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# RE: Section 1633.2.6 & 1612.4

• To: <seaint(--nospam--at)seaint.org>
• Subject: RE: Section 1633.2.6 & 1612.4
• From: "Mike O'Brien" <mikeo(--nospam--at)jsdyer.com>
• Date: Fri, 10 Sep 1999 15:33:28 -0700

```>
> If the collector is WOOD (with steel braced frames) then omega is
> 2.8 and the load duration factor of 1.33 MAY be combined with the
> 1.7 allowable stress increase, so the above equations yield
> the following:
>
This doesn't seem right to change the Omega factor due to the material of
the drag.  If the lateral load resisting system and R factor do not change,
why would the Omega?

> which is a factored or ultimate strength design force.  If allowable
> stress design is to be used for the design of the braces, most
> engineers would immediately divide 0.196 by 1.4 to get a base shear
> of V=0.14W, which is the same as the 94 code.  This base shear will
> give you ASD demands on the braced frames.
>
> Now, suppose you start analyzing the building with the 0.14 base
> shear coefficient (ASD), and you have a collector force, F, for which
> you need to provide a steel member, let's say it is a TS section.
> The tension or compression demand will be omega times Eh which is
> 2.2(1.4)(F), where 1.4(F)=Eh.  DON'T FORGET THE 1.4 FACTOR!!

If you multiply back through with the 1.4 factor, you have reconverted your
forces to ultimate levels.  Could you explain further why you think that 1.4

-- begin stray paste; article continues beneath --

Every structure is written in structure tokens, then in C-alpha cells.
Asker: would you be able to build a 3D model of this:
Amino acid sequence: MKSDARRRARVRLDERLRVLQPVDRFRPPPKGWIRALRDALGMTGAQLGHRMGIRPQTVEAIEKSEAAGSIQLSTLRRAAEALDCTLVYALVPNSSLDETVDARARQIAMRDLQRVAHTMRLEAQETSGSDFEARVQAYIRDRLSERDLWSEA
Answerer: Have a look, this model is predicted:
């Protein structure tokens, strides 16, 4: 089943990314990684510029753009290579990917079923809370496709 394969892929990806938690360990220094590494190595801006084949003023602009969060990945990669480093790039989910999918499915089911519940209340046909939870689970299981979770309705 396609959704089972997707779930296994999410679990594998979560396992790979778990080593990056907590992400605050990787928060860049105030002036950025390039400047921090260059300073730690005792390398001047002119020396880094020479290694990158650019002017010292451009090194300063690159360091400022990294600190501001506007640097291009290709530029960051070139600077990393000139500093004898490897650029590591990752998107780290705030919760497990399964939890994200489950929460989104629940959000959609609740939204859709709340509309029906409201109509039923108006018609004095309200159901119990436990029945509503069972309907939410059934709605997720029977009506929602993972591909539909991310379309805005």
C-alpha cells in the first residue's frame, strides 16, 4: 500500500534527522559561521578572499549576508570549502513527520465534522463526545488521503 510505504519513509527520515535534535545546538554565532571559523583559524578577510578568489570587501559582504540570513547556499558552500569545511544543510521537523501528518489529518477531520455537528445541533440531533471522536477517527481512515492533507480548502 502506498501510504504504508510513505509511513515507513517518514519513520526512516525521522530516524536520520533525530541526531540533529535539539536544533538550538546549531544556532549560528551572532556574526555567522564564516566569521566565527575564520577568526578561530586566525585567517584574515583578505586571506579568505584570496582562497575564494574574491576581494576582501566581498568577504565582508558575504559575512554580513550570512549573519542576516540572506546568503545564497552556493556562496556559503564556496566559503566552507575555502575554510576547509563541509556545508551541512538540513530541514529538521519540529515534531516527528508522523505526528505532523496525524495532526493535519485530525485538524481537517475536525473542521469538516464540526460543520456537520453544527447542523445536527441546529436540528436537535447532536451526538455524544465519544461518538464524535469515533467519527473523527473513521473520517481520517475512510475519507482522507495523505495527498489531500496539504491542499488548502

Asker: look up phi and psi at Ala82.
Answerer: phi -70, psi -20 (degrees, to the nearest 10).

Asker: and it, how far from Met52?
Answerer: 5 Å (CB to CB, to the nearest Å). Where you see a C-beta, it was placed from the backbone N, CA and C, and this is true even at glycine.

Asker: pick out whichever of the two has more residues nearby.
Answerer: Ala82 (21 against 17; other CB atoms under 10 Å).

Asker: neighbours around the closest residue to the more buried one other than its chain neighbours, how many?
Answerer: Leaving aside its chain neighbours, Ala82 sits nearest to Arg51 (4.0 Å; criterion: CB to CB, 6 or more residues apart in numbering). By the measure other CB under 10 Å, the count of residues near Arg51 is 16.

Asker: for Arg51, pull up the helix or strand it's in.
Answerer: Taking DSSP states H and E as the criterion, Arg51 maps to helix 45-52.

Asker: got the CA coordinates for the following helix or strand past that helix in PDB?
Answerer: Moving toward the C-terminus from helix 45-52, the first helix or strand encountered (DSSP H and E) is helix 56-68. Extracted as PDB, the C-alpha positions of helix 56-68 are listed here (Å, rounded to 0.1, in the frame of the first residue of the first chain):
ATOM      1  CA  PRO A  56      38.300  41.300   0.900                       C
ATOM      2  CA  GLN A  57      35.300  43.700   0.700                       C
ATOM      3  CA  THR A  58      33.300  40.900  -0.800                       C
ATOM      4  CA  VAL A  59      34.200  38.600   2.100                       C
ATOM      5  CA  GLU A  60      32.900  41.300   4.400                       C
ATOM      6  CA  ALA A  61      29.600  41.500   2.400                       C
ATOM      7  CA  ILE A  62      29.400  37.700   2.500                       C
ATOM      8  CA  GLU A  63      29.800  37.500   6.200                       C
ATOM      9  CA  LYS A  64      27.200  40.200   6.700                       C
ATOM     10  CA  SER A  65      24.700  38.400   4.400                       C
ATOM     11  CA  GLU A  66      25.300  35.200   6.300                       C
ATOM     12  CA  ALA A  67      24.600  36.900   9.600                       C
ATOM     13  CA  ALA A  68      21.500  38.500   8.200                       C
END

factor is necessary if you are designing to ASD?

Mike O'Brien

> -----Original Message-----
> From: Swingle, Mark [mailto:Mark.Swingle(--nospam--at)dgs.ca.gov]
> Sent: Friday, September 10, 1999 2:33 PM
> To: 'seaint(--nospam--at)seaint.org'
> Subject: Re: Section 1633.2.6 & 1612.4
>
>
> I am surprised that this question has not yet received a response (at
> least I didn't see one on the web site), so I will offer my comments.
>
> I believe your interpretation is correct.  In the 1997 UBC, the demand
> Em to be calculated for a collector is omega times Eh.  The capacity
> to be calculated is the allowable stress design (ASD)
> capacity times 1.7,
> which may ALSO be multiplied by an ADDITIONAL 1.33 for wood members,
> but only for stresses to which the LOAD DURATION FACTOR (C sub D)
> applies, such as tension, compression, and bolt bearing on wood (but
> not for compression perp to grain).
>
>
> Now let me add some editorial comments regarding the following items:
> 1) Em, 2) combined stresses, 3) rho, 4) C sub D, and 5) collectors
> in buildings with wood structural panels.
>
>
> ----ITEM 1)----
> Do not forget to "put the 1.4 factor back in" before calculating Eh,
> if allowable stress design (ASD) is used.  Let me explain what I mean.
> Most designers, after calculating the governing base shear equation,
> will IMMEDIATELY reduce the base shear coefficient by the 1.4 factor.
>
> Following is a lengthy example, so bear with me.
>
> Suppose one has the following building: steel ordinary braced frames
> (R=5.6, omega=2.2), Zone 4, I=1, soil type S sub D, rho=1, Na=1; and
> one is using ASD for steel.  The governing base shear equation for
> this short period building is V=2.5(Ca)(I)(W)/R, which yields
> V=0.196W,
> which is a factored or ultimate strength design force.  If allowable
> stress design is to be used for the design of the braces, most
> engineers would immediately divide 0.196 by 1.4 to get a base shear
> of V=0.14W, which is the same as the 94 code.  This base shear will